‘Iacta alea est’

Form Automation Benefit: Persisting Unfinished Forms Programmatically

When looking at Sanity Schemas and Sanity UI it is clear to see the benefits of abstraction and automation in form construction. From a simple set of schemas you can generate a complete content management system.

At work today I spotted a colleague’s Pull Request that displayed another benefit of abstraction and automation, or at least the promise of such.

First, a pet peeve. One of the most annoying things on server-side web applications (and not all client-side, “single page” applications protect against this either) is to have put a lot of time and effort into filling out a long form only to see your session expire when you try to submit it, losing everything as a result. You are greeted with a login page and even after signing in a wistful click of the back button presents you with a cold, empty form, your effort gone to waste.

Despite the depth of suffering that I have endured from these scenarios in the past I must admit that in our own application at ClubCollect we are guilty of not covering our users’ backs in this respect.

Shame on us. The solution is relatively straightforward. This is a tiny win. Props to my colleague for sympathising with the latest poor user who was not so disenchanted (or perhaps because he was) that he wrote in to tell us of his ordeal. The stock response would be, “sorry, you should have been logged in”. But that’s not how we do things at ClubCollect. At least not today.

The fix is around forty-nine lines of code, and that’s forgiveable because most of it is in JavaScript, a language that cares not for concision.

At ClubCollect we use Basecamp’s Stimulus framework as we write the least possible amount of front-end JavaScript that we can get away with.

This is the Stimulus controller which can be bound to a form-control, in this particular case, a textarea.

window.register_stimulus_controller("text-saver", {
  statics: {
    targets: ['input']

  connect: function() {
    for (var i = 0; i < this.inputTargets.length; i++) {
      var input = this.inputTargets[i];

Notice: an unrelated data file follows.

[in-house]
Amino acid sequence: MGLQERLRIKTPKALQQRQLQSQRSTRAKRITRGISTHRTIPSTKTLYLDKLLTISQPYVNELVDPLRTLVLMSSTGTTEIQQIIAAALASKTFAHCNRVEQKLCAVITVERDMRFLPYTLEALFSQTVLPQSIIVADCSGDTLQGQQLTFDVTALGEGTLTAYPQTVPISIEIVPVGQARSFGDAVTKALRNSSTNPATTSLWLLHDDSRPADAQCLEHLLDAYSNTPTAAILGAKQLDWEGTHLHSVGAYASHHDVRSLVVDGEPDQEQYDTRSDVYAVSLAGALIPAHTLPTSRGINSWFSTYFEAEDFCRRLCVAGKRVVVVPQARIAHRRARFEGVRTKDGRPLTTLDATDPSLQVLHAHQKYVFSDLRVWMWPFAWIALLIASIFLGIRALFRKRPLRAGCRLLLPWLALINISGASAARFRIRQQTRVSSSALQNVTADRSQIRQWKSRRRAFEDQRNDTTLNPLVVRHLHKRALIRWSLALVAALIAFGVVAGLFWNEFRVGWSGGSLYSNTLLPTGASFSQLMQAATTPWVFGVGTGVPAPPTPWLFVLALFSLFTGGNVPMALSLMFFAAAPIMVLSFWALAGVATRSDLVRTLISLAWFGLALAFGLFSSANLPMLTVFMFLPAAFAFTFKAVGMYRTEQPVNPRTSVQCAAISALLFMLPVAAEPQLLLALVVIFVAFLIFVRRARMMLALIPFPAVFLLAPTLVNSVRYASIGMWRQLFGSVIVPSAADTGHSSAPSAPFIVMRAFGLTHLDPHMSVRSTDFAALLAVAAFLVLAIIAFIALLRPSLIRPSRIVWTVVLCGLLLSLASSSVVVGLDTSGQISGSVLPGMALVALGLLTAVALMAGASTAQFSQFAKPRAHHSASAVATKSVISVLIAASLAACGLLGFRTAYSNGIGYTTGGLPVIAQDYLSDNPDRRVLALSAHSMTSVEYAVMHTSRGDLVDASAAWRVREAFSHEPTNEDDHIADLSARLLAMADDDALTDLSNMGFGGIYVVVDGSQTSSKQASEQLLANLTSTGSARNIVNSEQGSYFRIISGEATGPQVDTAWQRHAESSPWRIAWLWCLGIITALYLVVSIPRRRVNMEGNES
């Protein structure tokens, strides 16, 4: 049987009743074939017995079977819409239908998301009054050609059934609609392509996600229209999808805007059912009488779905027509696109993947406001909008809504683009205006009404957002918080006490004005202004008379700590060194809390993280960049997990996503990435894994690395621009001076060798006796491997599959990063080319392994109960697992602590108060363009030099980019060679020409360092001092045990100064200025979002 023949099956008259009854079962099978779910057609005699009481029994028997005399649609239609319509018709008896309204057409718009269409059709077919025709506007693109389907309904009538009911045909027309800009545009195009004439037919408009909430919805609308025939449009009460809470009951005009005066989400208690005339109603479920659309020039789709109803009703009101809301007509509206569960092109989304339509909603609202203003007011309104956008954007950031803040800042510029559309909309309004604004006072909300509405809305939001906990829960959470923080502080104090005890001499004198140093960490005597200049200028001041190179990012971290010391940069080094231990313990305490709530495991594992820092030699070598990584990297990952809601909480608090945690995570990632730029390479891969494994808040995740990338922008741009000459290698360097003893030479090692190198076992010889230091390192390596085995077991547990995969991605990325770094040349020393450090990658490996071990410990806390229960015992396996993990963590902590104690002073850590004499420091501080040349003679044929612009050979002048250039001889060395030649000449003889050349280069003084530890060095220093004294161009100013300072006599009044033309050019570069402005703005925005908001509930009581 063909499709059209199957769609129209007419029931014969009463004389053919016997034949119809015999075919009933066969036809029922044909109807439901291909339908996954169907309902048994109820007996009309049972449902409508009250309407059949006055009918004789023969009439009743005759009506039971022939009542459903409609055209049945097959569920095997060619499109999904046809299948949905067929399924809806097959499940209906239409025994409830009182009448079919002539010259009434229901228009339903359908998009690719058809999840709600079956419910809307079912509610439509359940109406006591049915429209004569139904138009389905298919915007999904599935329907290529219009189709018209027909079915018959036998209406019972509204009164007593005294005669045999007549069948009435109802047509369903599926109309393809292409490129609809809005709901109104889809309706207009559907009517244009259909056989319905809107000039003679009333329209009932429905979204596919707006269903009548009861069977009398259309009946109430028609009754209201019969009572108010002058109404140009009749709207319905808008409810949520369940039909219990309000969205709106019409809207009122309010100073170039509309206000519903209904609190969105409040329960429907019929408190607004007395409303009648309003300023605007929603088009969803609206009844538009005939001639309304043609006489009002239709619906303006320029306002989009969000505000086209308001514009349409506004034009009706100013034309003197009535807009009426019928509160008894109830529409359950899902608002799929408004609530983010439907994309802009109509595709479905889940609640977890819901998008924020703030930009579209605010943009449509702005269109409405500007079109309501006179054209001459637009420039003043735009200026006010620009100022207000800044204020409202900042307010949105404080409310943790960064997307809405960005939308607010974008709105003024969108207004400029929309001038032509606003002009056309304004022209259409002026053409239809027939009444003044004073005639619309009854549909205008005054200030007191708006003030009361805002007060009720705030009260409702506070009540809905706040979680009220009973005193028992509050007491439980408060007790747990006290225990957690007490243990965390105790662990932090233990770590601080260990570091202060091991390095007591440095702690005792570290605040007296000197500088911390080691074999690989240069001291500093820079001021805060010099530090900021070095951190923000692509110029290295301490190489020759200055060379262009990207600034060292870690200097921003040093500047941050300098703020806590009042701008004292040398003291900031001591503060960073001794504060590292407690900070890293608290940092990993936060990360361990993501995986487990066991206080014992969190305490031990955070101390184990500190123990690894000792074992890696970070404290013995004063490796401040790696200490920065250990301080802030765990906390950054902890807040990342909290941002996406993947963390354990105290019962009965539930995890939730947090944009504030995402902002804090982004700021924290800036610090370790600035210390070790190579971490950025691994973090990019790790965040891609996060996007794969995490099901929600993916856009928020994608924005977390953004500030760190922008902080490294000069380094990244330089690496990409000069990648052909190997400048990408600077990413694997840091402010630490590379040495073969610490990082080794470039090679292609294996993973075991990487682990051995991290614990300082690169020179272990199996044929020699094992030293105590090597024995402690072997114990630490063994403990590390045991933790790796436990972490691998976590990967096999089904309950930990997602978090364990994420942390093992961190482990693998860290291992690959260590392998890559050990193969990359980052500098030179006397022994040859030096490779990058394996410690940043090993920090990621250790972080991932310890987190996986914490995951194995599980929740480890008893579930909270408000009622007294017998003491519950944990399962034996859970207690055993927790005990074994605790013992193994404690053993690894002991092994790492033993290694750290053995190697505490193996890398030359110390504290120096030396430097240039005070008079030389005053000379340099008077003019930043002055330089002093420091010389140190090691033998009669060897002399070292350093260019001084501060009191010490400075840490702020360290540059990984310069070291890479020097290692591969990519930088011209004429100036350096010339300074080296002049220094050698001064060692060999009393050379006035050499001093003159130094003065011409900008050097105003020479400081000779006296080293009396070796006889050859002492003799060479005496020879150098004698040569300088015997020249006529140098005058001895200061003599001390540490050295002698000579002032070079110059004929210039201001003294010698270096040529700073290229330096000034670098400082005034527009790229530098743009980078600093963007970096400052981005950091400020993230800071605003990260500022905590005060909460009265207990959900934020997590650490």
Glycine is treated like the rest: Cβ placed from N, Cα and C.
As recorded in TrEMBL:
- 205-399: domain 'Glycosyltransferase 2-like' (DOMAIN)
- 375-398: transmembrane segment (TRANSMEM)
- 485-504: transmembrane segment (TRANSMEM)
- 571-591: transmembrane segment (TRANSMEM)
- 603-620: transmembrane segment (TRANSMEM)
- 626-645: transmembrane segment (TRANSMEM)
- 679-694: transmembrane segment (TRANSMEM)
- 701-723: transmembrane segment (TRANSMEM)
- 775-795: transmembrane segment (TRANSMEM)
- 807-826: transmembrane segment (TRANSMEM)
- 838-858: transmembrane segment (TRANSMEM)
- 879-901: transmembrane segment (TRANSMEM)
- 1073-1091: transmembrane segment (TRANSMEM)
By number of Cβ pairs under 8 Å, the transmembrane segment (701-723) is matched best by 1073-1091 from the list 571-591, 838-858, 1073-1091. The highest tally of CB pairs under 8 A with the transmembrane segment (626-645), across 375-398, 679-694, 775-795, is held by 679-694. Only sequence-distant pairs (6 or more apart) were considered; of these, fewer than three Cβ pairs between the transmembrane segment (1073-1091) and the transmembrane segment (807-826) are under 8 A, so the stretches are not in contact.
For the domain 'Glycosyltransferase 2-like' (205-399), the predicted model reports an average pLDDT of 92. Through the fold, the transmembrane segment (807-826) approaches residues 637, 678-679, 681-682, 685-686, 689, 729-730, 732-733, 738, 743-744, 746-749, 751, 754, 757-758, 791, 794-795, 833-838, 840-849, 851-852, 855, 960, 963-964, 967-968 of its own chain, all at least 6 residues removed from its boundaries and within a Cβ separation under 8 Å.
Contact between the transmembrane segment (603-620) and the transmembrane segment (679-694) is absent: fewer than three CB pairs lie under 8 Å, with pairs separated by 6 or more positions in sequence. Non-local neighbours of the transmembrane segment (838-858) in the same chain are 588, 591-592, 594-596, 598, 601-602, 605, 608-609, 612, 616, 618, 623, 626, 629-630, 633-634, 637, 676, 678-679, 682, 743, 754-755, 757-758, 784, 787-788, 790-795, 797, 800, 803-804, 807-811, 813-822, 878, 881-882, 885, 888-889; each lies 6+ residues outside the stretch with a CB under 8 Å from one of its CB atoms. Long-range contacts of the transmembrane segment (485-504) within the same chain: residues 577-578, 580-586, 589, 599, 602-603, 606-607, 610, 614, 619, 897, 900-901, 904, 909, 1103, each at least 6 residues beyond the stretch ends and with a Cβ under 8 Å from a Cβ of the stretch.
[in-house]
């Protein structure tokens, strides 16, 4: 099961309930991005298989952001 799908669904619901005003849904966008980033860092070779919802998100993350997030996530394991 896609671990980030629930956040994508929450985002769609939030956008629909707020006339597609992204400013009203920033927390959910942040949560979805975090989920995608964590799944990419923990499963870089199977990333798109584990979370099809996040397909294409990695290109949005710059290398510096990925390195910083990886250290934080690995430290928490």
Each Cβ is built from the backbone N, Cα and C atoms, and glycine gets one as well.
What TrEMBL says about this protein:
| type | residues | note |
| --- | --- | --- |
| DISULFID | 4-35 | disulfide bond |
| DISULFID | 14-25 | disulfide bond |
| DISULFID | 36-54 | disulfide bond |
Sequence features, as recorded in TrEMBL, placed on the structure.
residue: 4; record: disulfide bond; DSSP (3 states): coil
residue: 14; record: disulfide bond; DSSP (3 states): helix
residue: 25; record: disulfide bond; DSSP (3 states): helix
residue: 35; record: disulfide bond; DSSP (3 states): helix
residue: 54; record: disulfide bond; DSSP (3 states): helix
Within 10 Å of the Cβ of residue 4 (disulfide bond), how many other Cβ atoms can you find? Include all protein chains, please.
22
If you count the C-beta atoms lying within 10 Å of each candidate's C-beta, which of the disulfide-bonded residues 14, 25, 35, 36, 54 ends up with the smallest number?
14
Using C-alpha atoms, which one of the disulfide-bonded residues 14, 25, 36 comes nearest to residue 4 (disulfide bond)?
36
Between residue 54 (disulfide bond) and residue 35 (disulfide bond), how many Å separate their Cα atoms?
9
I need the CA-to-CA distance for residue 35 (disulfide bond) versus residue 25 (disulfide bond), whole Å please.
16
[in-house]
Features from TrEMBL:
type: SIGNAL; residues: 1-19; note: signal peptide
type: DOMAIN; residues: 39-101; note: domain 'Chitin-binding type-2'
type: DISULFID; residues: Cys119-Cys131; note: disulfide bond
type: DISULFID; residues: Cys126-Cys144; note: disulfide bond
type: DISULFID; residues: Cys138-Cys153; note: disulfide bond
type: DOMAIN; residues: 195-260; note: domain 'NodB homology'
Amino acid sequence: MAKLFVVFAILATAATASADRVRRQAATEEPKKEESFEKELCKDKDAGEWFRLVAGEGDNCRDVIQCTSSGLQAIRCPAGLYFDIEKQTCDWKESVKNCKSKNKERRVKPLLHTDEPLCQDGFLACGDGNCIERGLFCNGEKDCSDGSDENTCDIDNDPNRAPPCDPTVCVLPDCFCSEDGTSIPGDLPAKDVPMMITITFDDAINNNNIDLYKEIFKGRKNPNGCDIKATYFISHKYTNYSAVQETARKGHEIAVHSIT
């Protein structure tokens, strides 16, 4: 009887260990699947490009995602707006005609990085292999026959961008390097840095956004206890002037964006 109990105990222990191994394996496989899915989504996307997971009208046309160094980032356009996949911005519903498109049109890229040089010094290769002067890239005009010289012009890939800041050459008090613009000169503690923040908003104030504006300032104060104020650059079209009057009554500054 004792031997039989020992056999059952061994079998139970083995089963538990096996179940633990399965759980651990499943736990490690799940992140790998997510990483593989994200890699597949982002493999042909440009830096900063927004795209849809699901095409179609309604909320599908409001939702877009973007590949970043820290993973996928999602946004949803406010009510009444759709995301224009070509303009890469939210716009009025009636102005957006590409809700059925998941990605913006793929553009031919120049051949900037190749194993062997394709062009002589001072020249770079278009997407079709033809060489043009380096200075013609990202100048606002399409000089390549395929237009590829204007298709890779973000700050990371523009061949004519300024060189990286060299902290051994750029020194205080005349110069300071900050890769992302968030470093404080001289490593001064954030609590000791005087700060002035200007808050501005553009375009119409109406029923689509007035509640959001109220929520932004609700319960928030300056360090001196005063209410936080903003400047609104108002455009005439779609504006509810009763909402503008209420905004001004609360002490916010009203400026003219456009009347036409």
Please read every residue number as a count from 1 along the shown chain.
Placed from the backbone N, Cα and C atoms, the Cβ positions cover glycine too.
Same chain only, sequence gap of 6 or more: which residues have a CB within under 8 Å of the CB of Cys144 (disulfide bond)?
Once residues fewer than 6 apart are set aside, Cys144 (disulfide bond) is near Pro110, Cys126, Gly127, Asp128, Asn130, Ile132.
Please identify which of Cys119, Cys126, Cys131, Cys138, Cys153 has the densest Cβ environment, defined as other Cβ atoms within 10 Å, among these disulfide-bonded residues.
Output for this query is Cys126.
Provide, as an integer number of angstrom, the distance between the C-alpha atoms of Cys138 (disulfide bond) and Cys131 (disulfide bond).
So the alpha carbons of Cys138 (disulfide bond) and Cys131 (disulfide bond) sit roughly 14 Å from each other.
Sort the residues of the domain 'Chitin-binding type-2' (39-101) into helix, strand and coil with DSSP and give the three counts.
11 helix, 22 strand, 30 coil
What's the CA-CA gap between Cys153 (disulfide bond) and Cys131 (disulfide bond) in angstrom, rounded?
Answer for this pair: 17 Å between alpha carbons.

changed: function(event) {

  submit: function(event) {

  load: function (input) {
    var key = $(input).data("text-saver-key");
    var value = localStorage.getItem(key);
    if (value) input.value = value;

  save: function (input) {
    var key = $(input).data("text-saver-key");
    localStorage.setItem(key, input.value);

  clear: function () {
    for (var i = 0; i < this.inputTargets.length; i++) {
      var input = this.inputTargets[i];
      var key = $(input).data("text-saver-key");

This controller captures the value of its target as it changes and persists it to local storage. If you load the page then it looks for any value stored for that particular form and field in local storage and populates the value of the textarea if found. When you successfully submit a form then it clears the corresponding entry in local storage so that you can start afresh.

This is how it is hooked up to the Rails form helper, with everything configured via data- attributes as per Stimulus:

<%= form_tag(member_invoice_tickets_path(@invoice),
      'data-controller': 'text-saver',
      'data-action': 'submit->text-saver#submit') do %>
  <%= text_area_tag(
        class: 'form-control',
        rows: '3',
        'data-target': 'text-saver.input',
        'data-text-saver-key': "member-invoice-ticket-reply-#{@invoice.id}",
        'data-action': 'keyup->text-saver#changed') %>
<% end %>

Now this is implemented on one form and one text area within it. If we wanted to apply this pattern across all text areas on the site then, using the imperative route, we’d have to repeat these boilerplate data attributes each time. This is despite the value of data-text-saver-key being the only thing that is effectively different between each instance of the form control.

We could roll it into a wrapper for the text_area_tag / text_area helpers. This would give us access to the form object, the Rails model, so that we could generate the corresponding unique key. That’s one way.

Another way, using a declarative approach, is to build this into the standard form definition and associated widget. We write it once and use it everywhere.

This is the power of abstraction. It allows us to hook in at a deeper level. Rather than editing each instance of a form and text area we edit the library that generates our forms and we automatically roll out this “tiny win” across the whole site.

Who doesn’t want that?

Friday 14th May 2021.